VALLEJO – Vallejo Police Chief Shawny Williams has another vacancy to fill after Brittany K. Jackson resigned from her position as the department’s civilian spokesperson.
Williams didn’t respond to questions about why Jackson left the city after more than two years as non-sworn public information officer for the Vallejo Police Department. A page on the department’s website containing a message from Jackson has since been taken down.
A message sent to Jackson’s LinkedIn profile wasn’t returned. She has since blocked this reporter from sending any additional questions.
City spokesperson Christina Lee told the Vallejo Sun that “the communications team will be handling all of the inquiries for the police department,” in the meantime.
Jackson had served as a top advisor to Williams, who is attempting to reform the department since arriving in Vallejo during the end of 2019. She led virtual community events during the worst parts of the pandemic and was tasked with overseeing department communications following the Vallejo police killing of Sean Monterrosa on June 2, 2020.
But Jackson was also repeatedly out of the office, didn’t respond to routine questions from reporters, and launched her own lifestyle and beauty brand, Brittany & Co., LLC.
Jackson’s appointment as Vallejo police’s PIO served as one reason for a deepening rift between the department and Vallejo Police Officers’ Association (VPOA), which filed an unfair labor complaint in June 2020 alleging Vallejo unlawfully hired a civilian to act as the department spokesperson. Sworn officers have historically been the department’s official spokespeople.
Attorney Charles Sakai responded on the city’s behalf in August 2020 stating that “for [the state Public Employees Relations Board] to mandate bargaining over who the City chooses as its spokesperson and how it makes its hiring decisions would significantly impede the City’s managerial discretion and forestall any meaningful ability to change the culture and direction of the City,” according to the position letter obtained by the Vallejo Sun.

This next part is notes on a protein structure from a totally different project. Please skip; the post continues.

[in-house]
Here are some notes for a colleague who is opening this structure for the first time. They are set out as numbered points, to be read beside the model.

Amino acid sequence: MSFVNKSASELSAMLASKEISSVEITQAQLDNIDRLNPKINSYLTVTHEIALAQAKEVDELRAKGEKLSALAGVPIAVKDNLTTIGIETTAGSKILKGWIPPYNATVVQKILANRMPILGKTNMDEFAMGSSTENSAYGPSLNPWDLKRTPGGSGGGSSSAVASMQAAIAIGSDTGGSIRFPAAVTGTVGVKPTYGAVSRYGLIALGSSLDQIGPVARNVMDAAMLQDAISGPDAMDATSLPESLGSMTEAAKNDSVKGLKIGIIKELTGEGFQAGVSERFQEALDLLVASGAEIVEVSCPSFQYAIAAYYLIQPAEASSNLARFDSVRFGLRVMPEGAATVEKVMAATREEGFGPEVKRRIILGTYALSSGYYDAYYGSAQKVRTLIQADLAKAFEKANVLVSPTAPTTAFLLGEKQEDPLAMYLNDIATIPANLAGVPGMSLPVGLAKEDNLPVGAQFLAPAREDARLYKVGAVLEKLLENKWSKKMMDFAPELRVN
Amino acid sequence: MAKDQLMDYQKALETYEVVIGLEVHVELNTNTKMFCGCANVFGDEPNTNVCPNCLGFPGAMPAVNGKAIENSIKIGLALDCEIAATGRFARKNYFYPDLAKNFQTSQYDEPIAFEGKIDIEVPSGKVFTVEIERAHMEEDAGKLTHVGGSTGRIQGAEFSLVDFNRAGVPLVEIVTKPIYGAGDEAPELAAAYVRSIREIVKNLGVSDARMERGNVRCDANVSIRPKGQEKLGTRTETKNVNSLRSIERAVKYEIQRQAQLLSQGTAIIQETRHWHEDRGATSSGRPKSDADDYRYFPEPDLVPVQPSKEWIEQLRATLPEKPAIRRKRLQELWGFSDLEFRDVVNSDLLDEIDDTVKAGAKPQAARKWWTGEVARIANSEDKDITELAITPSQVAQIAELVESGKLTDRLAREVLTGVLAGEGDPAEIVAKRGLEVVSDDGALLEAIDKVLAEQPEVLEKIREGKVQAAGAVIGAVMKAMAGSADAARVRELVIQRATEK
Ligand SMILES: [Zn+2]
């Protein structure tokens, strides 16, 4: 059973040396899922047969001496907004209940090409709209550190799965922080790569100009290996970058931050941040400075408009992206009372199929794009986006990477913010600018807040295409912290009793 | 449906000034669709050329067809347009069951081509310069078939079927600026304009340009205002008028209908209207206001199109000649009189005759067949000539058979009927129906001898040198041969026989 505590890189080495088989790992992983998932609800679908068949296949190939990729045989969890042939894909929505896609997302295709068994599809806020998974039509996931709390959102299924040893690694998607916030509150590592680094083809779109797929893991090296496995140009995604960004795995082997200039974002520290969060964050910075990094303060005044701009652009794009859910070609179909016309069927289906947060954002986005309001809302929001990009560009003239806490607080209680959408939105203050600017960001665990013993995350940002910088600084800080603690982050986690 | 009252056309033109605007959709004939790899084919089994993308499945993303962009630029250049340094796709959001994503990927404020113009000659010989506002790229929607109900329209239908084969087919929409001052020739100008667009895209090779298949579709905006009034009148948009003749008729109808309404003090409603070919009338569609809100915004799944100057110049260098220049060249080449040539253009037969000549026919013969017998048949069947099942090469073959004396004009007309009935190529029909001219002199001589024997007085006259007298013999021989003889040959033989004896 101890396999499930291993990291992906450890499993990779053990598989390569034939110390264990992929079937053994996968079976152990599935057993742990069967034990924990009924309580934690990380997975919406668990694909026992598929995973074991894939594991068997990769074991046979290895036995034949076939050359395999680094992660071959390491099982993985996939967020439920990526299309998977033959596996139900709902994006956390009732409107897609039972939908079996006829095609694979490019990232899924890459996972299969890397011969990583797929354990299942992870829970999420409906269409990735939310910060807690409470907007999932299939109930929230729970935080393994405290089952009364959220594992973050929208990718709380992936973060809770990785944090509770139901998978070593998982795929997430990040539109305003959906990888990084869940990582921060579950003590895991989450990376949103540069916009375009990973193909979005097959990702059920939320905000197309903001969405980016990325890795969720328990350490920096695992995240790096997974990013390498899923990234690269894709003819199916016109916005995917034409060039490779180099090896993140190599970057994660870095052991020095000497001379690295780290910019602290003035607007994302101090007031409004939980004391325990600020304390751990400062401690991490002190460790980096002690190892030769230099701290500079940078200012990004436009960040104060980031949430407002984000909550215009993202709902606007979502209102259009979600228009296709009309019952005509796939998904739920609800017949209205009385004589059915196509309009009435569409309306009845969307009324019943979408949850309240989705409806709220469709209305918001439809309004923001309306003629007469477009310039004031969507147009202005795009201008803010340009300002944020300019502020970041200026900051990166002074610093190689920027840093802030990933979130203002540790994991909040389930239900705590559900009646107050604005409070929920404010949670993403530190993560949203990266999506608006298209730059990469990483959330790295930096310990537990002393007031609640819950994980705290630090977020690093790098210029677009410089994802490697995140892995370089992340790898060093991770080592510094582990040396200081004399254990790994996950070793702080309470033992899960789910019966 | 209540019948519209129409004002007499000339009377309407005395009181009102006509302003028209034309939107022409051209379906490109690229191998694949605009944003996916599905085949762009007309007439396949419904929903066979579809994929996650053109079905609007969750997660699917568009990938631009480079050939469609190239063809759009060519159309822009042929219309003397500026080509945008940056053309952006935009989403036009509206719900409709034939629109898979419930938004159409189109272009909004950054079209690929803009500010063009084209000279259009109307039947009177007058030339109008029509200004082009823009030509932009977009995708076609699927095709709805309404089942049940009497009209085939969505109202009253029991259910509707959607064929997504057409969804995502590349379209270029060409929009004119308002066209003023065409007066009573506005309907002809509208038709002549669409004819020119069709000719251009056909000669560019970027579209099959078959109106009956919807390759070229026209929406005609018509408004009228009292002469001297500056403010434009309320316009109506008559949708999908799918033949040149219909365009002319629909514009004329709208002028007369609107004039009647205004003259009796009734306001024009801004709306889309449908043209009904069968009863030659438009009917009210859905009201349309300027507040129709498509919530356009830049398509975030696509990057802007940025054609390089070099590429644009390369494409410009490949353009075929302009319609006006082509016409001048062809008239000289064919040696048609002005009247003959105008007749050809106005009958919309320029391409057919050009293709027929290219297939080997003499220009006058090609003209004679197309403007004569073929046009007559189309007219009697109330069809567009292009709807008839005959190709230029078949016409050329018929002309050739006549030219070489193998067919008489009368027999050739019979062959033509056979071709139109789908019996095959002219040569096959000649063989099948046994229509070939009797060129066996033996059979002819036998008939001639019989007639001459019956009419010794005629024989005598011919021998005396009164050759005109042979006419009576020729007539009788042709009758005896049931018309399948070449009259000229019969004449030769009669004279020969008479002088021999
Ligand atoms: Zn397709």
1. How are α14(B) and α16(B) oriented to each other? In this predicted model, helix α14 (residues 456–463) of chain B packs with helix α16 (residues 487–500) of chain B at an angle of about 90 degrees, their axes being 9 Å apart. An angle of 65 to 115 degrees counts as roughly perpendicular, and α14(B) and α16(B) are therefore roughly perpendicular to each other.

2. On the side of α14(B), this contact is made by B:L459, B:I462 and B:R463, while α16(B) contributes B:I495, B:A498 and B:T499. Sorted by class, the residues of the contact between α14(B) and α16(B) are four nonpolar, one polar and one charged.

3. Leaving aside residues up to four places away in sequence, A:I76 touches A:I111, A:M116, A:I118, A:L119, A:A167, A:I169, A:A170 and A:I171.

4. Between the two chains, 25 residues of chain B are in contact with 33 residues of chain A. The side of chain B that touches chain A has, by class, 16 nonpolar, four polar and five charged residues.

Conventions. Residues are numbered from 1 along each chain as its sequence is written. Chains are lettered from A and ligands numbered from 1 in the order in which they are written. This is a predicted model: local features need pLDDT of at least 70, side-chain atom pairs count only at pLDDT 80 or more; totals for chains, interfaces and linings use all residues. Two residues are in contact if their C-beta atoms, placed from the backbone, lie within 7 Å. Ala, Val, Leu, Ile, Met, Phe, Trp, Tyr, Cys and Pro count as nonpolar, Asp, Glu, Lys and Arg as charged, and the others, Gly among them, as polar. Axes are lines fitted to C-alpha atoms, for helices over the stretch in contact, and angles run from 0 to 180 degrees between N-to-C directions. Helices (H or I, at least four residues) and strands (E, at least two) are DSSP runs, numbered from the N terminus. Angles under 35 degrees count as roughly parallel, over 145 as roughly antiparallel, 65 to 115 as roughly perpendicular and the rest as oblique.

Sakai said the Vallejo City Council pushed for the new PIO position to connect with the community following several high-profile incidents involving officers.
“The PIO position acts as a bridge to the public and as the public face of the Department, and the PIO assignment was made to further the City’s overall message and connection with the community,” Sakai wrote.
Reached for comment, VPOA President Michael Nichelini said the association “wished her well in her future endeavors.”
“We were looking forward to working with her in the future and thank her for her contribution to the Department,” Nichelini added.
Nichelini didn’t respond to questions about the status of the unfair practice charge.
Jackson served as one of Williams’ remaining allies as the chief is facing increasing pressure over the recent departures of officers and members of his command staff.
Williams tapped Lt. Drew Ramsay to serve as acting captain, following the recent departures of captains Jason Potts and Todd Tribble over the past months. Potts, a Vallejo native, left the city in June to oversee the Department of Public Safety for the city of Las Vegas.
Weeks later, Tribble retired on July 1 after nearly 19 years with Vallejo police. His retirement came months after his brother, former Lt. Michael Kent Tribble, testified during a criminal case in Solano County Superior Court that he and another Concord police officer devised the idea for officers to bend the tips of their star-shaped badges following a shooting. Another former Vallejo officer testified the Tribble brothers were the ones who brought the practice over form Concord.
Late last month, VPOA and their attorneys held a press conference calling out Williams’ alleged failed leadership and so-called unethical behavior. Attorney Mike Rains, who represents union members, said that 73 out of 75 VPOA members voted they had no confidence in Williams last December. Rains said two members didn’t vote.
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THE VALLEJO SUN NEWSLETTER
Investigative reporting, regular updates, events and more
- Brittany Jackson
- Shawny Williams
- Michael Nichelini
- Christina Lee
- Vallejo Police Department
- Sean Monterrosa
- Vallejo Police Officers Association
- Charles Sakai
- Drew Ramsay
- Jason Potts
- Michael Rains
- Kent Tribble
John Glidden worked as a journalist covering the city of Vallejo for more than 10 years. He left journalism in 2023 and currently works in the office of Solano County Supervisor Monica Brown.
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